The model itself consists of a number of layers, each of which is divided in three sub-layers: self-attention, encoder-decoder (or cross) attention, and a feed-forward layer. Both of the attention types use identical sets for keys and values. The states of the previous layer are used as the query set. The self-attention sub-layer attends to the previous decoder layer (i.e. the sets of queries and keys are identical). Since the decoder works autoregressively from left to right, during training, the self-attention is masked to prevent attending to the future positions in the sequence. The encoder-decoder attention sub-layer attends to the final layer of the encoder. The feed-forward sub-layer consists of a single non-linear projection (usually to a space with larger dimension), followed by a linear projection back to the vector space with the original dimension. The input of each sub-layer is summed with the output, creating a residual connection chain throughout the whole layer stack.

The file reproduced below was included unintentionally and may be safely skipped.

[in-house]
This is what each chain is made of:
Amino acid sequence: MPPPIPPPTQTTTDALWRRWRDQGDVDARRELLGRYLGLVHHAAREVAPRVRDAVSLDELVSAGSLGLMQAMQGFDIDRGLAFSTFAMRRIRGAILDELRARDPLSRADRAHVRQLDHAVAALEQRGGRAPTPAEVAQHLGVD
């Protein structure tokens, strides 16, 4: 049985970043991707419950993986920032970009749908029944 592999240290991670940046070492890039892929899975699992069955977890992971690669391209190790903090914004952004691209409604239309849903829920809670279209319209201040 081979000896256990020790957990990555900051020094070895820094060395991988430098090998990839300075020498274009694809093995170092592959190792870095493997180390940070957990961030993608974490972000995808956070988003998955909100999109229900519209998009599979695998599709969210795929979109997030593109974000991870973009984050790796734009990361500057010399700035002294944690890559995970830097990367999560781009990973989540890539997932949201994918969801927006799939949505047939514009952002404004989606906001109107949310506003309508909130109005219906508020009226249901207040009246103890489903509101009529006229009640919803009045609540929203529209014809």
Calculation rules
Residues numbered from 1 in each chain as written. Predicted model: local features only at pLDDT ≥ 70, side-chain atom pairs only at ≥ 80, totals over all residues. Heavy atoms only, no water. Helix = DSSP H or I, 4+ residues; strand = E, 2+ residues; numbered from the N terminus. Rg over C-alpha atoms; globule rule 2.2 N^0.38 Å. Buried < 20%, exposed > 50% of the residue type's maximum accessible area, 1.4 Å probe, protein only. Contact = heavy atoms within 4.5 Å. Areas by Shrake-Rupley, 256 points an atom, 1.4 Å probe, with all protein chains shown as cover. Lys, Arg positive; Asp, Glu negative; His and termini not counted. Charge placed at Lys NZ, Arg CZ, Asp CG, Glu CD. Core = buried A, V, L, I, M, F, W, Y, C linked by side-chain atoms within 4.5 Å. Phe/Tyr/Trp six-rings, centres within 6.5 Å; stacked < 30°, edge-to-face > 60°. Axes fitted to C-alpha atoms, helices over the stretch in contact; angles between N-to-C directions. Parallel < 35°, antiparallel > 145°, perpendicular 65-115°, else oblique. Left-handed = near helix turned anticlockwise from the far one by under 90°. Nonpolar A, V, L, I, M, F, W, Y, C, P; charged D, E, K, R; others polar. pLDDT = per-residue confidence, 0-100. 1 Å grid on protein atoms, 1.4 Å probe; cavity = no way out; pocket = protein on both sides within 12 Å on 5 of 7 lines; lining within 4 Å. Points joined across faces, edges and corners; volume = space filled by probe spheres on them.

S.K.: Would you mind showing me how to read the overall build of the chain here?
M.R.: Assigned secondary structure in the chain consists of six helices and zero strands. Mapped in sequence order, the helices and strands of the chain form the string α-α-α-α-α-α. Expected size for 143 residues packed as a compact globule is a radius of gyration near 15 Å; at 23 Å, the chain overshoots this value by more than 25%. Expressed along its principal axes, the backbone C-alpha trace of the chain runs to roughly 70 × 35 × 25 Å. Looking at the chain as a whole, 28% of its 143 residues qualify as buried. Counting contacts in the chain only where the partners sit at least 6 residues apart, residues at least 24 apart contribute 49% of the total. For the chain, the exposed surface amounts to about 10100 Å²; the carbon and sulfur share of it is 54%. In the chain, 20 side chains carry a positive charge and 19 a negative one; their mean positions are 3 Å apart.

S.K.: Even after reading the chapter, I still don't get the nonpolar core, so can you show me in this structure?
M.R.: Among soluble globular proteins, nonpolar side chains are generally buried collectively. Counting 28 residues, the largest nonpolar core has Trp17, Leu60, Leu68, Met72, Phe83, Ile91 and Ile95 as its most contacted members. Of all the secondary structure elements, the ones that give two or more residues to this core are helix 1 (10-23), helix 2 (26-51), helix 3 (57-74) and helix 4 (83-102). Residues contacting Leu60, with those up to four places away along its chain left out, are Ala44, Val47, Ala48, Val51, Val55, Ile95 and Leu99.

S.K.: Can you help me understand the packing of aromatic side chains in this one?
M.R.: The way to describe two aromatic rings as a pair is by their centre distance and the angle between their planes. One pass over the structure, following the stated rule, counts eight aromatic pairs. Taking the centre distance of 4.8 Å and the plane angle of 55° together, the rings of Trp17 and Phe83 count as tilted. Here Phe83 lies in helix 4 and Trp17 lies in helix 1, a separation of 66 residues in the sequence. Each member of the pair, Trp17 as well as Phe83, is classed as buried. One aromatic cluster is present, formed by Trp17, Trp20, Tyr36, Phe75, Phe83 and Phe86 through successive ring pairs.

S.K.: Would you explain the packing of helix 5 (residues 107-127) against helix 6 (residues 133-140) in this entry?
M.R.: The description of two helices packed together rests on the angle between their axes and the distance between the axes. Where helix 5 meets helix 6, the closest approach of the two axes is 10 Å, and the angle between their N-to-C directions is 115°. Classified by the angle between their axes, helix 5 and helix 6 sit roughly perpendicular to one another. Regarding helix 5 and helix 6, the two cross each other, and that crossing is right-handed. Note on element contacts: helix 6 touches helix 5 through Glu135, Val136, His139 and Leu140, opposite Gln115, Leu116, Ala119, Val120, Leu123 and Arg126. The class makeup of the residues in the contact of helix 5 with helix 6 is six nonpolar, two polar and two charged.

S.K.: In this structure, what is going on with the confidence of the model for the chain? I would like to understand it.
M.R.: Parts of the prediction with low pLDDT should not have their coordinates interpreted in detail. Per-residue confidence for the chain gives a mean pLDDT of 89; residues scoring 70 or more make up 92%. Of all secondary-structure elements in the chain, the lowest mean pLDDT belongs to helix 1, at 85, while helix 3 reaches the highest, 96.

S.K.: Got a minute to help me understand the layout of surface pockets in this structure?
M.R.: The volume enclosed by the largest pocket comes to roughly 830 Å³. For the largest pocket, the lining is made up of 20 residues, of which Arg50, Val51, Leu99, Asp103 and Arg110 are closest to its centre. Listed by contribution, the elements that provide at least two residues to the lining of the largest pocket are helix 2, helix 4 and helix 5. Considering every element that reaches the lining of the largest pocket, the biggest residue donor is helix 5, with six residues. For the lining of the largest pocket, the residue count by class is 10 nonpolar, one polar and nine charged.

3 Proposed Strategies


(a) serial


(b) parallel


(c) flat


(d) hierarchical
Figure 1: Schemes of computational steps for the serial, parallel, flat, and hierarchical attention combination in a single layer of the decoder.

We propose four input combination strategies for multi-source variant of the Transformer network, as illustrated in Figure 

1. Two of them, serial and parallel, model the encoder-decoder attentions independently and are a natural extension of the sub-layer scheme in the transformer decoder. The other two versions, flat and hierarchical, are inspired by approaches proposed for RNNs by Libovický and Helcl (2017)

and model joint distributions over the inputs.


The serial strategy (Figure 0(a)) computes the encoder-decoder attention one by one for each input encoder. The query set of the first cross-attention is the set of the context vectors computed by the preceding self-attention. The query set of each subsequent cross-attention is the output of the preceding sub-layer. All of these sub-layers are interconnected with residual connections.


In the parallel combination strategy (Figure 0(b)), the model attends to each encoder independently and then sums up the context vectors. Each encoder is attended using the same set of queries, i.e. the output of the self-attention sub-layer. Residual connection link is used between the queries and the summed context vectors from the parallel attention.